A number of secondary works were valuable in the compilation of Virginia and West Virginia county boundaries. Michael F. Doran, Atlas of County Boundary Changes in Virginia, 1634–1895 (1987), has maps, by decade; while Edgar B. Sims, Map of Present State of West Virginia (1954), has nine maps showing county boundary changes by decade, from 1769 to the present. Sims's Making a State (1956) has a valuable index and summary of county boundary changes in West Virginia, supplemented by ten maps (essentially the same maps as in his Map of Present State...). For background on the Virginia independent cities, see Chester W. Bain, Annexation in Virginia: The Use of the Judicial Process for Readjusting City-County Boundaries (1966), and Bain, "A Body Incorporate": The Evolution of City-State Separation in Virginia (1967). For parish boundaries, Charles Francis Cocke's three volumes are invaluable: Parish Lines: Diocese of Southwestern Virginia (1960); Parish Lines: Diocese of Southern Virginia (1964); and Parish Lines: Diocese of Virginia (1967).

Historical maps do not frequently play a large role in this sort of work. Occasionally they are indispensable for lost landmarks and names no longer in use, but seldom for interpretations of boundary descriptions. A useful modern source was the large-scale, up-to-date county map collection published by the Virginia Department of Transportation, County Road Map Atlas (1987). These maps are reliable compilations of the details of boundaries, roads, natural features, and other landmarks.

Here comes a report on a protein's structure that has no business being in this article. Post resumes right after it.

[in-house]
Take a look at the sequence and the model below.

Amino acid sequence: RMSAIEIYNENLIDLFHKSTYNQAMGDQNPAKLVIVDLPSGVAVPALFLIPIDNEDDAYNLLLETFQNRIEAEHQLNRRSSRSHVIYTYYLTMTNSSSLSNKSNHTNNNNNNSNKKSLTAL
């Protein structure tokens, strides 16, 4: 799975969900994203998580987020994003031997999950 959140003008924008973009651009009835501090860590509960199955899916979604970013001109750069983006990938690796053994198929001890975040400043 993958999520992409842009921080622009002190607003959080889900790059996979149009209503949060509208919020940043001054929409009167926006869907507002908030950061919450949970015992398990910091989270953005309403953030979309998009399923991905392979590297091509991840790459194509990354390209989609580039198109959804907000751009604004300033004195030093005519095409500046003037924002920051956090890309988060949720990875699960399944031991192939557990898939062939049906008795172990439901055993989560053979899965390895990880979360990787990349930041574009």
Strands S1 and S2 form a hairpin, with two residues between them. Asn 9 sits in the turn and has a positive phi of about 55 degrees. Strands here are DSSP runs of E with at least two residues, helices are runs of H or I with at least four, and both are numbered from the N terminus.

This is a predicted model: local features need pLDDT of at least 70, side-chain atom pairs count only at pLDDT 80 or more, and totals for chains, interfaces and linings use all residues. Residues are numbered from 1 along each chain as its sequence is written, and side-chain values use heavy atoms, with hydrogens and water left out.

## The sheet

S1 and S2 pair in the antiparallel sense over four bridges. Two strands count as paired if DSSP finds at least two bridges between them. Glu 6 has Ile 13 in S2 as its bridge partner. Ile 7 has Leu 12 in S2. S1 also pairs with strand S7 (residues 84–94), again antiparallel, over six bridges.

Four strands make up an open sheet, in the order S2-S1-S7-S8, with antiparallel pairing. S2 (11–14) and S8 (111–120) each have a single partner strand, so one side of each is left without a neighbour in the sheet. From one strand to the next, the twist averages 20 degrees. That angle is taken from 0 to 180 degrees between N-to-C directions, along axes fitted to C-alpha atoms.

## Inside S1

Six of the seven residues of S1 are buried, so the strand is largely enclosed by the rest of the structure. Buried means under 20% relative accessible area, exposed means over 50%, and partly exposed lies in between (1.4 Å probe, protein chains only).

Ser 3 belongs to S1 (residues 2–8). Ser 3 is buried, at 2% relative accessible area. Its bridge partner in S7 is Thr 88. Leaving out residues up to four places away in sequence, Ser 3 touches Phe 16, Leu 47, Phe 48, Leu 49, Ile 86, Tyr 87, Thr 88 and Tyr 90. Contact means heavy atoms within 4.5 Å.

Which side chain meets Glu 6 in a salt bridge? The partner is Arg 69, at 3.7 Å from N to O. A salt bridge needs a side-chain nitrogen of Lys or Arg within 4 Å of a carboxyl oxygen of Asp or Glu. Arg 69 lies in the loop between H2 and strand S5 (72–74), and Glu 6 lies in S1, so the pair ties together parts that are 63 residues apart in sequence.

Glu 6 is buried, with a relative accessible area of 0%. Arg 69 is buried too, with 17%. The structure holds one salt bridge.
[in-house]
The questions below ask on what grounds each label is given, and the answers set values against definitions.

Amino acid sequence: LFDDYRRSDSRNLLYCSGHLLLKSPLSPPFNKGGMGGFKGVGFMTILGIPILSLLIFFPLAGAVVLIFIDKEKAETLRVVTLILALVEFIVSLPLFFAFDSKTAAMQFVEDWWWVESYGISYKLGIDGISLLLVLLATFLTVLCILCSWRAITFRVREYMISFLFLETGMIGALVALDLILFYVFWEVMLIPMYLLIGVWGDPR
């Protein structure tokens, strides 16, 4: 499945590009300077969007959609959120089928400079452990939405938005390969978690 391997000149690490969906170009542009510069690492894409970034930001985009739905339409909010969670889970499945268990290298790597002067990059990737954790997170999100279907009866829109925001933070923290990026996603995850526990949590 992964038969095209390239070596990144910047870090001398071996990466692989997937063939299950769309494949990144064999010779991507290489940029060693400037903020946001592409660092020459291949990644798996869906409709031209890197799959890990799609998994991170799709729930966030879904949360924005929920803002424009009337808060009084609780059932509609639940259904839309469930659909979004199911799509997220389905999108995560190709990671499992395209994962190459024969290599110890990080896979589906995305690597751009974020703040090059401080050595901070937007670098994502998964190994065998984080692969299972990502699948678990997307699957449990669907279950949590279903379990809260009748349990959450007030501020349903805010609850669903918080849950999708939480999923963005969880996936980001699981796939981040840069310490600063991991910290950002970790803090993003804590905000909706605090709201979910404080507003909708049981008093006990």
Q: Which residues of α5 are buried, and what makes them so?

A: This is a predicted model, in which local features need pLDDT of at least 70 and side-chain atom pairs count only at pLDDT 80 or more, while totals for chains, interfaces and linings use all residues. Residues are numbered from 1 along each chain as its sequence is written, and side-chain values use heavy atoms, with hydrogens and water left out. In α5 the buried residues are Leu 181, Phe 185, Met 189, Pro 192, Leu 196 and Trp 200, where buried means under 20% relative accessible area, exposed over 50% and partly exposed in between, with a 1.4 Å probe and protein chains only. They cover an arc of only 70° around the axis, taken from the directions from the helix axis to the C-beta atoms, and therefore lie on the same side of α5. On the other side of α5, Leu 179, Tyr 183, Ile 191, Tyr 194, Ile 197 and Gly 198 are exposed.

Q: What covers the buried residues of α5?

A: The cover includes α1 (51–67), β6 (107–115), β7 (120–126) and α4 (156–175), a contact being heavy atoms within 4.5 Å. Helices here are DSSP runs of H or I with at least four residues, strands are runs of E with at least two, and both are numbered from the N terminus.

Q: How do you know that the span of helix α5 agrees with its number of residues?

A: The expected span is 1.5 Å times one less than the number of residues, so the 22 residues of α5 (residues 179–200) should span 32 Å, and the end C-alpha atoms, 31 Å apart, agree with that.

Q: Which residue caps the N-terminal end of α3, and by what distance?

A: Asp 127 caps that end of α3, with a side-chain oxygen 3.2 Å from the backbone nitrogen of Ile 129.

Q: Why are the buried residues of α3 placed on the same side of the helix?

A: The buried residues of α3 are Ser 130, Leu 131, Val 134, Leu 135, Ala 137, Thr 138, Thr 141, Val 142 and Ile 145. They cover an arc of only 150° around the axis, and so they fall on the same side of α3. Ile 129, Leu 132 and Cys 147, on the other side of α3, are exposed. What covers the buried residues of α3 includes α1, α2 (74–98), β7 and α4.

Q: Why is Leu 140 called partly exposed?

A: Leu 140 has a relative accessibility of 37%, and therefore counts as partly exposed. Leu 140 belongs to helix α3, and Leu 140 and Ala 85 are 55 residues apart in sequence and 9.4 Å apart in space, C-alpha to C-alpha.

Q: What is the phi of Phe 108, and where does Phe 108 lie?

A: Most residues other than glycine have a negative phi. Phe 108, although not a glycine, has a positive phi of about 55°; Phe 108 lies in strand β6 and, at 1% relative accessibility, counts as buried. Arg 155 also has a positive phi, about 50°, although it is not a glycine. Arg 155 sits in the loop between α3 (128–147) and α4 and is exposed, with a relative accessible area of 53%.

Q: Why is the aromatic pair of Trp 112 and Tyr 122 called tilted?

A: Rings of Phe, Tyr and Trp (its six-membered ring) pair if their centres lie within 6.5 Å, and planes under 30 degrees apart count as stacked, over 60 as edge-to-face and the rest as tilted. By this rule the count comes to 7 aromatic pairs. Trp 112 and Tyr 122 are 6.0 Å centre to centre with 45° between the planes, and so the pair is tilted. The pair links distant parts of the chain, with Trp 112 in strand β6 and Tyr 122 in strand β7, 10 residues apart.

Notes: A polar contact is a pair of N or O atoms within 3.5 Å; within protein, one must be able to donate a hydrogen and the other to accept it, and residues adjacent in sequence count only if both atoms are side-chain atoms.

Every effort has been made to give the day, month, and year (e.g., 25 February 1785) for all county creations, boundary changes, and other events. Occasionally it is impossible to date an event so precisely, but a reasonable estimate is possible. When the precise date is not known or an approximate date is more appropriate, the date is generalized to the month and year (e.g., February 1785) or to the year alone. A lack of evidence may make it impossible to give any date at all for a county's creation, and its occurrence can only be confirmed by the record of a later, related happening, such as the appointment of a sheriff. In such a situation, the date of the later event is used with the simple addition of "by" (e.g., by 25 February 1785) to indicate that the county creation or other event occurred no later than that date and probably earlier. The dating standard used is the legally effective date of change, whether it be for the creation of a new county or for the alteration of lines between existing counties.